When the weather warms up, the pink wine comes out.
Winter gives way to spring and spring gives way to summer. In the wine world, a similar progression takes place. Big, robust red wines — the kind of thing you use to wash down stews while sitting in front of the fireplace in wool sweaters — give way to lighter reds and then...well, when the weather warms up, it's time to break out the pink wine.
Officially, we call these wines rosés (less frequently, blush). You probably remember the day when an Americanized version, white Zinfandel (nothing like big, hearty red Zinfandel) was derided.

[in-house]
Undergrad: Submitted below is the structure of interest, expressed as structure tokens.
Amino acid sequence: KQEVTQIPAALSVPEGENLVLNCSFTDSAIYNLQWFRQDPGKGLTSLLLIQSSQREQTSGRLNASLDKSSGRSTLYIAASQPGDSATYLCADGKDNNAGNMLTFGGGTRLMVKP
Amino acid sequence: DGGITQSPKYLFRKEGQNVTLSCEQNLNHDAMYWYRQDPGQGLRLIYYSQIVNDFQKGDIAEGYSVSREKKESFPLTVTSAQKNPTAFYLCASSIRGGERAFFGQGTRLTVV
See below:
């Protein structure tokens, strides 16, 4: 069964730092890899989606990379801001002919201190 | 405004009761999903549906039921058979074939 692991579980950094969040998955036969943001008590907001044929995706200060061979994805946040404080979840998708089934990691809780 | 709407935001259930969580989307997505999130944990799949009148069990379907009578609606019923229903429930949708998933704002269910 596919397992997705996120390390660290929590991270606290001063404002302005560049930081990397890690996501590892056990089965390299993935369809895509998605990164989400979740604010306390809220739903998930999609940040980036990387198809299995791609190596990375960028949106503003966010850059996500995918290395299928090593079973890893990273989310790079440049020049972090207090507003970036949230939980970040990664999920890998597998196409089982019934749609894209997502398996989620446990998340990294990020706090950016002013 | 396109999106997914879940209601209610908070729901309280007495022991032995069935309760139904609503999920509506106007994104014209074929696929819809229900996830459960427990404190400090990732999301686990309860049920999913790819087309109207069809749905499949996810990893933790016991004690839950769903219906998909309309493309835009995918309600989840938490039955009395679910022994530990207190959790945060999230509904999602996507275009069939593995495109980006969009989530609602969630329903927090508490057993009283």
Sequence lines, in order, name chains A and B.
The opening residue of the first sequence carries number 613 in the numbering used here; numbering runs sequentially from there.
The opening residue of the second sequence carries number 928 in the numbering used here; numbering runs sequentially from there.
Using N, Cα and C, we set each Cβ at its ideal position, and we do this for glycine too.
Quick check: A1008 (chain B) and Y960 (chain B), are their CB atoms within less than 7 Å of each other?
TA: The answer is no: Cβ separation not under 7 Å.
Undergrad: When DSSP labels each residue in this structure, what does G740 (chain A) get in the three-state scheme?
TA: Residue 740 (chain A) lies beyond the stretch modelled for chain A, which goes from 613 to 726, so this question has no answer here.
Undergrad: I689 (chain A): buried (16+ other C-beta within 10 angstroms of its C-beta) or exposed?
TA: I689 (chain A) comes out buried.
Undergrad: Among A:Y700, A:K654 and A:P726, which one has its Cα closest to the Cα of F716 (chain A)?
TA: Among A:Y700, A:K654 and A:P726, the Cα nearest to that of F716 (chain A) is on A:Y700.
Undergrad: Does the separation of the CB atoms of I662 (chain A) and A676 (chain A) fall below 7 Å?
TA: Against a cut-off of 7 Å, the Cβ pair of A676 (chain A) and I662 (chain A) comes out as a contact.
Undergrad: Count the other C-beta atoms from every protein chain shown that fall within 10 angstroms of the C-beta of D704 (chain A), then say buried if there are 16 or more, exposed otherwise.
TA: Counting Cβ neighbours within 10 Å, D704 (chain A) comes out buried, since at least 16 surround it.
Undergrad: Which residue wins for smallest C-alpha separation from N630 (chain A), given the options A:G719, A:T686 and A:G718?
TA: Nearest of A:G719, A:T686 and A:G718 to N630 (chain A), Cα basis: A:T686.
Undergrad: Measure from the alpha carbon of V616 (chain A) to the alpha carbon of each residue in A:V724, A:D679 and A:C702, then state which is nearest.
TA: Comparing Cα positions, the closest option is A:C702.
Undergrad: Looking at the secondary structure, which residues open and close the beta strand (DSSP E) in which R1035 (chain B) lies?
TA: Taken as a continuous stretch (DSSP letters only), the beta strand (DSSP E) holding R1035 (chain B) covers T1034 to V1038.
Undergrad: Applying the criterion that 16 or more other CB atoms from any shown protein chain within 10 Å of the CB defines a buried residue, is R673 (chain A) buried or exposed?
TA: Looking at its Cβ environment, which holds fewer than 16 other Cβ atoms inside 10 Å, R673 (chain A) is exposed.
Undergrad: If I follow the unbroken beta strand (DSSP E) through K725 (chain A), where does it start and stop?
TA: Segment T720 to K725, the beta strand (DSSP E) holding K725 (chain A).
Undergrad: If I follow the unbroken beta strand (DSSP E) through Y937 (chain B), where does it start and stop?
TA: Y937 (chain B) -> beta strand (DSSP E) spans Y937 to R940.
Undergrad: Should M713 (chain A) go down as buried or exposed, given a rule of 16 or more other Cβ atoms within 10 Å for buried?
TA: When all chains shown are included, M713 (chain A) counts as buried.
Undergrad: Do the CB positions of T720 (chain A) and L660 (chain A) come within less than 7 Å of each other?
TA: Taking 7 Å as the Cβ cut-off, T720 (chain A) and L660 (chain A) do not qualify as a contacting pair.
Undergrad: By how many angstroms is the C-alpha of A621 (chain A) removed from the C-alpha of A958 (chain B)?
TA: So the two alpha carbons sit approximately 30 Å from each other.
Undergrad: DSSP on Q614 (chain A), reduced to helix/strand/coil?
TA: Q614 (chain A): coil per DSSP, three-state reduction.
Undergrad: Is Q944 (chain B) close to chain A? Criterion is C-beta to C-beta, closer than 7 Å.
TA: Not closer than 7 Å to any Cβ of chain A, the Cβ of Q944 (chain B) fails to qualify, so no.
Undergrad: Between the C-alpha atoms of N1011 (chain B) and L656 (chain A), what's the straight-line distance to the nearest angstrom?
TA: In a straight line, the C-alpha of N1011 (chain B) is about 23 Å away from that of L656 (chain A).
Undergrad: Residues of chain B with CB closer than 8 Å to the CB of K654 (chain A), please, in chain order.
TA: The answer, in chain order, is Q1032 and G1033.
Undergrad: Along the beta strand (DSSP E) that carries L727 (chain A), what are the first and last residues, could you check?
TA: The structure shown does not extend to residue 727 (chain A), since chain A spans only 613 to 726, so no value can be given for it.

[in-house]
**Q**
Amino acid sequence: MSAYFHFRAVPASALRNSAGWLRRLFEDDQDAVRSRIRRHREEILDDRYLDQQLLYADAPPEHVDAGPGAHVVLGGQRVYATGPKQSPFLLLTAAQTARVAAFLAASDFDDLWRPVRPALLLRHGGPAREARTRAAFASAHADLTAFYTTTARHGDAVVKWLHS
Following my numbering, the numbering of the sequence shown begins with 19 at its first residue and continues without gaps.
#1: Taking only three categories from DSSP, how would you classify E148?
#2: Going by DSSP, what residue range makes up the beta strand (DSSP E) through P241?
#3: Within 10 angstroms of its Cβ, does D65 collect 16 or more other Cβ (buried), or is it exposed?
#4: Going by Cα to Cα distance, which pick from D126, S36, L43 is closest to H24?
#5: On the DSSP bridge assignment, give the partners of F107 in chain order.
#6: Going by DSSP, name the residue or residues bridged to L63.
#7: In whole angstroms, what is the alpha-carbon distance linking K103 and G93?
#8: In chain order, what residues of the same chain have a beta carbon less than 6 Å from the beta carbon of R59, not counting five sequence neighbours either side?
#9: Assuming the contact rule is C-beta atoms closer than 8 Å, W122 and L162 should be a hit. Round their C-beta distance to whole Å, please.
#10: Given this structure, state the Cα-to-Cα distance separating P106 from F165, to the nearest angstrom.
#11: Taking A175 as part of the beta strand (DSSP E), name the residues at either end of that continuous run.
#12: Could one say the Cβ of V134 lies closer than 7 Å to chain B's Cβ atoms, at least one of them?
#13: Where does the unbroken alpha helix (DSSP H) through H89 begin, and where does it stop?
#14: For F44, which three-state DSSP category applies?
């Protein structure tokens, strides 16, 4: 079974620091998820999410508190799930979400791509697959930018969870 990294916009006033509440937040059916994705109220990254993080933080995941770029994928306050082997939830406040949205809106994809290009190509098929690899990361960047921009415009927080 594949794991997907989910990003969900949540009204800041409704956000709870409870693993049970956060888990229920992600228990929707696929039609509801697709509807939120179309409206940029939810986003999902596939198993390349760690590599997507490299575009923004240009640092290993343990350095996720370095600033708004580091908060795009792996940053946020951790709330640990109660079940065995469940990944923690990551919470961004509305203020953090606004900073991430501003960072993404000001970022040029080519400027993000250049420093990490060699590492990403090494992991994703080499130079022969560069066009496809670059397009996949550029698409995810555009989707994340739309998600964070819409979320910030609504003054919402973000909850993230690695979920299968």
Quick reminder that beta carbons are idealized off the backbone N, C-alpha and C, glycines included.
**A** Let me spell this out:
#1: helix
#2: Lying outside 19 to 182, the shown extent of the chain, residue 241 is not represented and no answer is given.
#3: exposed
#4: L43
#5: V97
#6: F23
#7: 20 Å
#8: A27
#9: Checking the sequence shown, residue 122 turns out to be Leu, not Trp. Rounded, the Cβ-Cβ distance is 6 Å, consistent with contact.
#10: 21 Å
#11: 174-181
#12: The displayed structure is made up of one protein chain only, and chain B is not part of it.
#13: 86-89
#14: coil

That was a bad patch for pink wine. But we know better now. In fact, we know enough to welcome the arrival of the pinks when the temperature climbs and the days get longer. We've evolved.
Rosé really and truly matters in France, specifically in Provence, where the wine is a rite of summer. They've been drinking the pink in Provence forever. In the U.S., rosé drinking caught on in the 1980s. Luckily, we can now obtain a wide range of rosés, from the U.S., from France, and from many other winemaking nations.